A Symbolic Victory Sheds Light On the Ambitions Of Chinese Manufacturers
Jedidiah Becker for redOrbit.com – Your Universe Online
After a dawdling entry into the Industrial Revolution, the growth of German industries exploded following the country’s belated national unification in 1871. Though initially gaining a foothold in European export markets by making cheap knock-offs of high-quality British products, Germany’s expanding class of entrepreneurs gradually became more and more ambitious as their stock of capital and technological expertise grew.
By the turn of the century, names like Krupp and BASF had become synonymous with premium quality and cutting-edge technology.
Now, fast-forward through the whole twentieth century and its two devastating world wars, and one finds in 2012 a German economy that still leads the world in innovation and which exports more goods each year than all but one of the planet’s 190 or so countries.
After decades of patiently producing toys for the west, Chinese entrepreneurs are increasingly showing signs that they are copying the German formula.
One of the most conspicuous of these indicators was the recent decision by Chinese authorities to replace two Japanese-made jumbo LCD screens in its national Great Hall of the People with a pair of Chinese originals — originals not just assembled in China but designed there as well.
Though largely an officially sanctioned bit of ostentatious symbolism — the Great Hall is, after all, located in Beijing’s historic Tiananmen Square and serves as the parliamentary building and official ceremony center for the Republic of China’s government — the event nonetheless serves to remind China’s western competitors that real change is taking place in international markets for consumer goods.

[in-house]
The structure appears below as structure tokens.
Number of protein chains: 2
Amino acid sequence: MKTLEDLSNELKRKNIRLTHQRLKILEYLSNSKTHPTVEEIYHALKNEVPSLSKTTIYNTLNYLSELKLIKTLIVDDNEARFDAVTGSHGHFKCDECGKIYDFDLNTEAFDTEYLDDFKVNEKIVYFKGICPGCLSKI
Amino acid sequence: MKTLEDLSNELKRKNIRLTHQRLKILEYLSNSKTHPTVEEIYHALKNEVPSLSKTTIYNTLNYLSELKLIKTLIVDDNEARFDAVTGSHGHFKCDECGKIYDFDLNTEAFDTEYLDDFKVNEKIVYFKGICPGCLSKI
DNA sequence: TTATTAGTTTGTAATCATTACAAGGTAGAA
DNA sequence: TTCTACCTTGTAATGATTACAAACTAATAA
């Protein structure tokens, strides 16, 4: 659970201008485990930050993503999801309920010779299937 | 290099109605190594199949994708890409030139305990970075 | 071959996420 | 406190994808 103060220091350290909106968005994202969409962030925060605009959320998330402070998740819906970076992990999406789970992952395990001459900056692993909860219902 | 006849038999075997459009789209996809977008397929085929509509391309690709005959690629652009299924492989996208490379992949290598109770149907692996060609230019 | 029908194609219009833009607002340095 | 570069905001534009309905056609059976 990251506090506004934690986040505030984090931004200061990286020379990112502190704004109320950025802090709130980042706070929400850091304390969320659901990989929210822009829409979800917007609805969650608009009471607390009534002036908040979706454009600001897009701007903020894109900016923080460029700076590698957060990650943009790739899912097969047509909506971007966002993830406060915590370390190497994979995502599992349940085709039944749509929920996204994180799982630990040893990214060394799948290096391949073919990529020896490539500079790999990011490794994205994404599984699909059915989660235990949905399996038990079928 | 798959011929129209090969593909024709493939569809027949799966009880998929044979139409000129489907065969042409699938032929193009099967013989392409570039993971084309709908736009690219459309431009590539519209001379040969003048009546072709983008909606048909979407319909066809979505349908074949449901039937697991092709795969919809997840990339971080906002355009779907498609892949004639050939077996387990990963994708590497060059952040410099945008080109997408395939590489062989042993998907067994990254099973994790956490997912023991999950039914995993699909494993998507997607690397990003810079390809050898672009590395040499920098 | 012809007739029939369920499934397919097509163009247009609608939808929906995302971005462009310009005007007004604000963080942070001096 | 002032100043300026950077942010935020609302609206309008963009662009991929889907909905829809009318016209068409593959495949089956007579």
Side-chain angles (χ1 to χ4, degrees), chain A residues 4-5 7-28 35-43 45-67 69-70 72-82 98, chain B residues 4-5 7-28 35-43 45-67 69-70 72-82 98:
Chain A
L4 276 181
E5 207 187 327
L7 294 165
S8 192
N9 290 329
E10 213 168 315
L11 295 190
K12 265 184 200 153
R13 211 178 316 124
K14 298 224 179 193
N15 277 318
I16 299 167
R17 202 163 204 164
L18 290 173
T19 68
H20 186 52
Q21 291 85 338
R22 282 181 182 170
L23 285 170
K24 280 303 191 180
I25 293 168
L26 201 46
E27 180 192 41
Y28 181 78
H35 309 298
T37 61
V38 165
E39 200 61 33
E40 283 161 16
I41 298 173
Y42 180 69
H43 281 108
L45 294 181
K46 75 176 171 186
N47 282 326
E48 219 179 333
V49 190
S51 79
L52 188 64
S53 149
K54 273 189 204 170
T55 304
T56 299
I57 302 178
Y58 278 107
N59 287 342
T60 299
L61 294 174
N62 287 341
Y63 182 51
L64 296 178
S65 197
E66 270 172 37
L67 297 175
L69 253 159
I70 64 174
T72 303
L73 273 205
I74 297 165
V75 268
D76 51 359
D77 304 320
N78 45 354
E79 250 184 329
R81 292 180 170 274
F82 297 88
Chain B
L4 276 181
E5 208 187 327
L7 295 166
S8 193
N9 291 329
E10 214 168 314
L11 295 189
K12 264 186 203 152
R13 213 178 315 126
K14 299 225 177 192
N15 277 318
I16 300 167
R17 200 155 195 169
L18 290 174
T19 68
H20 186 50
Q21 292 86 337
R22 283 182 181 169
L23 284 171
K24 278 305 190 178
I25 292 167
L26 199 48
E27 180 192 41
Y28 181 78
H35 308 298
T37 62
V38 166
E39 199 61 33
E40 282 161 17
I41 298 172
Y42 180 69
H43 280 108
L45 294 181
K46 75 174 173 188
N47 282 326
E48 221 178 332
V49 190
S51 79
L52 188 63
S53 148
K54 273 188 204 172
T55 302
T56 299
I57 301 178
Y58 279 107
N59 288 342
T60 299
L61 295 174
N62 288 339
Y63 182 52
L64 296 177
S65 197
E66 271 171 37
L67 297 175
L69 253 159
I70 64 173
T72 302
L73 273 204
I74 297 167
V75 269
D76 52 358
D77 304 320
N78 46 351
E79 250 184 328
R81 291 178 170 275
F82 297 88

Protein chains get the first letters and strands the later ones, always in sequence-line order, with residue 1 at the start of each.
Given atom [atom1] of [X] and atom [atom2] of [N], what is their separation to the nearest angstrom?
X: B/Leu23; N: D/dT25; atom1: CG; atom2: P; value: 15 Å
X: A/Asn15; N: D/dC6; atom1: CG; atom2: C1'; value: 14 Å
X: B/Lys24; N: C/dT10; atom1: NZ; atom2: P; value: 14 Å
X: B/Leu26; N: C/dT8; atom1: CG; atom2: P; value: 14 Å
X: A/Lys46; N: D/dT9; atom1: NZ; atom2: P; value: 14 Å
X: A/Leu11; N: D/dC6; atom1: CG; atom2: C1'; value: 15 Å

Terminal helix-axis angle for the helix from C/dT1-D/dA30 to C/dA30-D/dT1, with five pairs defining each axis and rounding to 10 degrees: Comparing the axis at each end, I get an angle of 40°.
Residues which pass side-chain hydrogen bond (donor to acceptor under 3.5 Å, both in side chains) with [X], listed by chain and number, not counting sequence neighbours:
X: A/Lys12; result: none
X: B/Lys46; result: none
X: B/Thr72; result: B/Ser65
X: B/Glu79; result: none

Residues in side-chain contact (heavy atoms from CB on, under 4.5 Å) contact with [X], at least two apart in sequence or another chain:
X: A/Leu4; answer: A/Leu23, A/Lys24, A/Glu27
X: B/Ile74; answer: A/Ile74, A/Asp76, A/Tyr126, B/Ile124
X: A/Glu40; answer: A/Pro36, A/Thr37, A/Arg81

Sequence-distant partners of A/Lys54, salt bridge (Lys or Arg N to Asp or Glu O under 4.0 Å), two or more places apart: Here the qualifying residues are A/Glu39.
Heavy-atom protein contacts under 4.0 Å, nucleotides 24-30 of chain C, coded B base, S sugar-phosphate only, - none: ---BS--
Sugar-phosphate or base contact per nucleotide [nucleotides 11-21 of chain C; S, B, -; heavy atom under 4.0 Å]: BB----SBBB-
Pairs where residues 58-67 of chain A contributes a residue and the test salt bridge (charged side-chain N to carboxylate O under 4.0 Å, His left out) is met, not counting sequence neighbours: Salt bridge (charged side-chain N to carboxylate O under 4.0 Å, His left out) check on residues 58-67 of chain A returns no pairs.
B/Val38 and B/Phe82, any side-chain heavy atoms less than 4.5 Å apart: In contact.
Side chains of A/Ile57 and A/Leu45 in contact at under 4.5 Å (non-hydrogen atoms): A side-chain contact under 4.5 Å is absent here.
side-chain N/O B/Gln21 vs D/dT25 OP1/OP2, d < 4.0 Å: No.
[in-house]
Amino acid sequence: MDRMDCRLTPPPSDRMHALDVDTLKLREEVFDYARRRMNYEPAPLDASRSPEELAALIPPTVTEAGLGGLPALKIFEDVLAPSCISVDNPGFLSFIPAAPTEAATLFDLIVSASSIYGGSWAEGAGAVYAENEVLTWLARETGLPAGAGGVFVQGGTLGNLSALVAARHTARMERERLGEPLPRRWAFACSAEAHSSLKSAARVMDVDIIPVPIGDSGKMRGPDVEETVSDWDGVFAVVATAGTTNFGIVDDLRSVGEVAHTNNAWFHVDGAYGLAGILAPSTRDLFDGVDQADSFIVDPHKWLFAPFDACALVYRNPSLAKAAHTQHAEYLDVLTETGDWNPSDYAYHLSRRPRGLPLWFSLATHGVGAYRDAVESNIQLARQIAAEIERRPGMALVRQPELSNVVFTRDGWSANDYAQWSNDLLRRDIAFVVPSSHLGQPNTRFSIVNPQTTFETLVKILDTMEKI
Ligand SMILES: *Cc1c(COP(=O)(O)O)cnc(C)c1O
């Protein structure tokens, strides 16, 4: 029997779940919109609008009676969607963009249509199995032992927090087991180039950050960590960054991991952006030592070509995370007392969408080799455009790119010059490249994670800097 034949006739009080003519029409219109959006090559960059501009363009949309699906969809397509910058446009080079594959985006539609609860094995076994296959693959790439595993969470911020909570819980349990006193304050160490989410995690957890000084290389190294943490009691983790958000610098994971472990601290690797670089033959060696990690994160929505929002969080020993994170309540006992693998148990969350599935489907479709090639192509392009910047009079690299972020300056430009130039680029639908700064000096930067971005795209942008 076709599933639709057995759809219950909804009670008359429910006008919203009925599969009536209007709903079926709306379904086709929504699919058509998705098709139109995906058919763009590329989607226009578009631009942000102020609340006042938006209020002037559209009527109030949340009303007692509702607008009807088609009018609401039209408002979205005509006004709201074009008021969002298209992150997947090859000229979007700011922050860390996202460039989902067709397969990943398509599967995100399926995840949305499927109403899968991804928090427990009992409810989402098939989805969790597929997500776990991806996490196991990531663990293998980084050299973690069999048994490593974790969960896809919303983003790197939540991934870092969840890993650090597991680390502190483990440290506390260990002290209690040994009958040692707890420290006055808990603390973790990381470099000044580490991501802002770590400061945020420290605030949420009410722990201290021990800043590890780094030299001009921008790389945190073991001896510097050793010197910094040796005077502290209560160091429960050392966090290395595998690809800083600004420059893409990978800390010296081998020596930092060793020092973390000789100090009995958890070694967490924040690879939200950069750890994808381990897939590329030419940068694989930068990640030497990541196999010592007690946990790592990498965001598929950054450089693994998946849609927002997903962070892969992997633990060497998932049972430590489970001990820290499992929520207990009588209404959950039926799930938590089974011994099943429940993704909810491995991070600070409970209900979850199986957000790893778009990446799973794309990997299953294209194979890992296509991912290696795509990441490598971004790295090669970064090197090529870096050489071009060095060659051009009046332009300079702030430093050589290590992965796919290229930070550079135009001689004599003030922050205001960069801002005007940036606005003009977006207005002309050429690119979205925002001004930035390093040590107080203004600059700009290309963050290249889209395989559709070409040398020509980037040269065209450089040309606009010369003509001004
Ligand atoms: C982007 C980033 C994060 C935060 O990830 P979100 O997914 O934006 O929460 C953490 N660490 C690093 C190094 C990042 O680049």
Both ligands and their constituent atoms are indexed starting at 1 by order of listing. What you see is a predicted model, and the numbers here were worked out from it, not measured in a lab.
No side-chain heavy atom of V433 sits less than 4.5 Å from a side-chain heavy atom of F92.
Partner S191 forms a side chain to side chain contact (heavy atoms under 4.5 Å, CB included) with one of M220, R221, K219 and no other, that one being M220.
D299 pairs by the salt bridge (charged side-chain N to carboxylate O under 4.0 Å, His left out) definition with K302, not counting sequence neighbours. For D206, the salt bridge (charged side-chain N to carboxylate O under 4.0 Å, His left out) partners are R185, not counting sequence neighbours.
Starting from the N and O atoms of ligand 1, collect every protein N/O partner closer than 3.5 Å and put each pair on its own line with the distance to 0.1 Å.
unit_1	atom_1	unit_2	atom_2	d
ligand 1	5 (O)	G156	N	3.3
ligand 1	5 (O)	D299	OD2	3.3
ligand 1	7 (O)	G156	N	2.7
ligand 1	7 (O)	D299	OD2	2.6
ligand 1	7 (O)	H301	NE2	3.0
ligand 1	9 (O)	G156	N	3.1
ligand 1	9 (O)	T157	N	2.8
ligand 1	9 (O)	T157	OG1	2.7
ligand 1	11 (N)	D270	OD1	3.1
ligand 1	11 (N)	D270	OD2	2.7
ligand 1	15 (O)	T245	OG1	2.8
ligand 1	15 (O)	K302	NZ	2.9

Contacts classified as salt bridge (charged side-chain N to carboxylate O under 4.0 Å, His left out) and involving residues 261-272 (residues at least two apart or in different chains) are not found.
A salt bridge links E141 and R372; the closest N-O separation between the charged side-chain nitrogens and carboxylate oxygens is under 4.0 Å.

At a ceremony marking the installation of the monolithic 100-inch HD screens (the world’s largest, by the way), chairman Li Dongsheng of the Chinese electronics corporation TCL was anything but coy in hailing the significance of event.
“We have broken through the Japanese and South Korean monopoly of big flat-screen TVs!” he told an excited crowd of Chinese elites that included officials from the Ministry of Commerce, Ministry of Science and Technology, Ministry of Industry and Information Technology (MIIT), and the government of Shenzhen where TCL is located.
Already leading the world with nearly $1.9 trillion in total exports for 2011, the Chinese government is looking to take the country’s manufacturing landscape to the next level.
Using an as yet uncoordinated hodgepodge of tactics, Chinese officials have been lending a helping hand to indigenous companies in efforts to help them get a foot in the door of both global and domestic markets for brand-name manufactured goods. The overall goal is to get home-grown companies moving up the industrial food chain and producing high-end Chinese-engineered wares that are able to compete with established foreign manufacturers.
In an effort intended both to give domestic car manufacturers a boost and display national solidarity, China’s Ministry of Industry and Information Technology recently issued a new set of rules last month mandating that government officials purchase only Chinese automobiles when using state funds. According to a report last month in the Wall Street Journal, the roughly 14.5 million cars purchased each year by the Chinese government had frequently been imported from German and Japanese manufacturers like Volkswagen, Audi, and Toyota.
Perhaps a more significant aspect of the government’s so-called “buy China” campaign has been its increasing support of native industries via favorable legislation and state subsidies.
Yet while a number of competitors have been predictably quick to cry “foul play,” Chinese officials also recognize that shielding its indigenous innovators from established foreign competitors is hardly a long-term recipe for success.
“If Chinese companies want to go global, they can’t just compete in a protected domestic market,” director general of high- and new-technology development and commercialization at the Ministry of Science and Technology Zhao Yuhai told Reuters recently.
“That way you will never win the global market. So this concern is unnecessary.”
FINDING THEIR “PLACE IN THE SUN”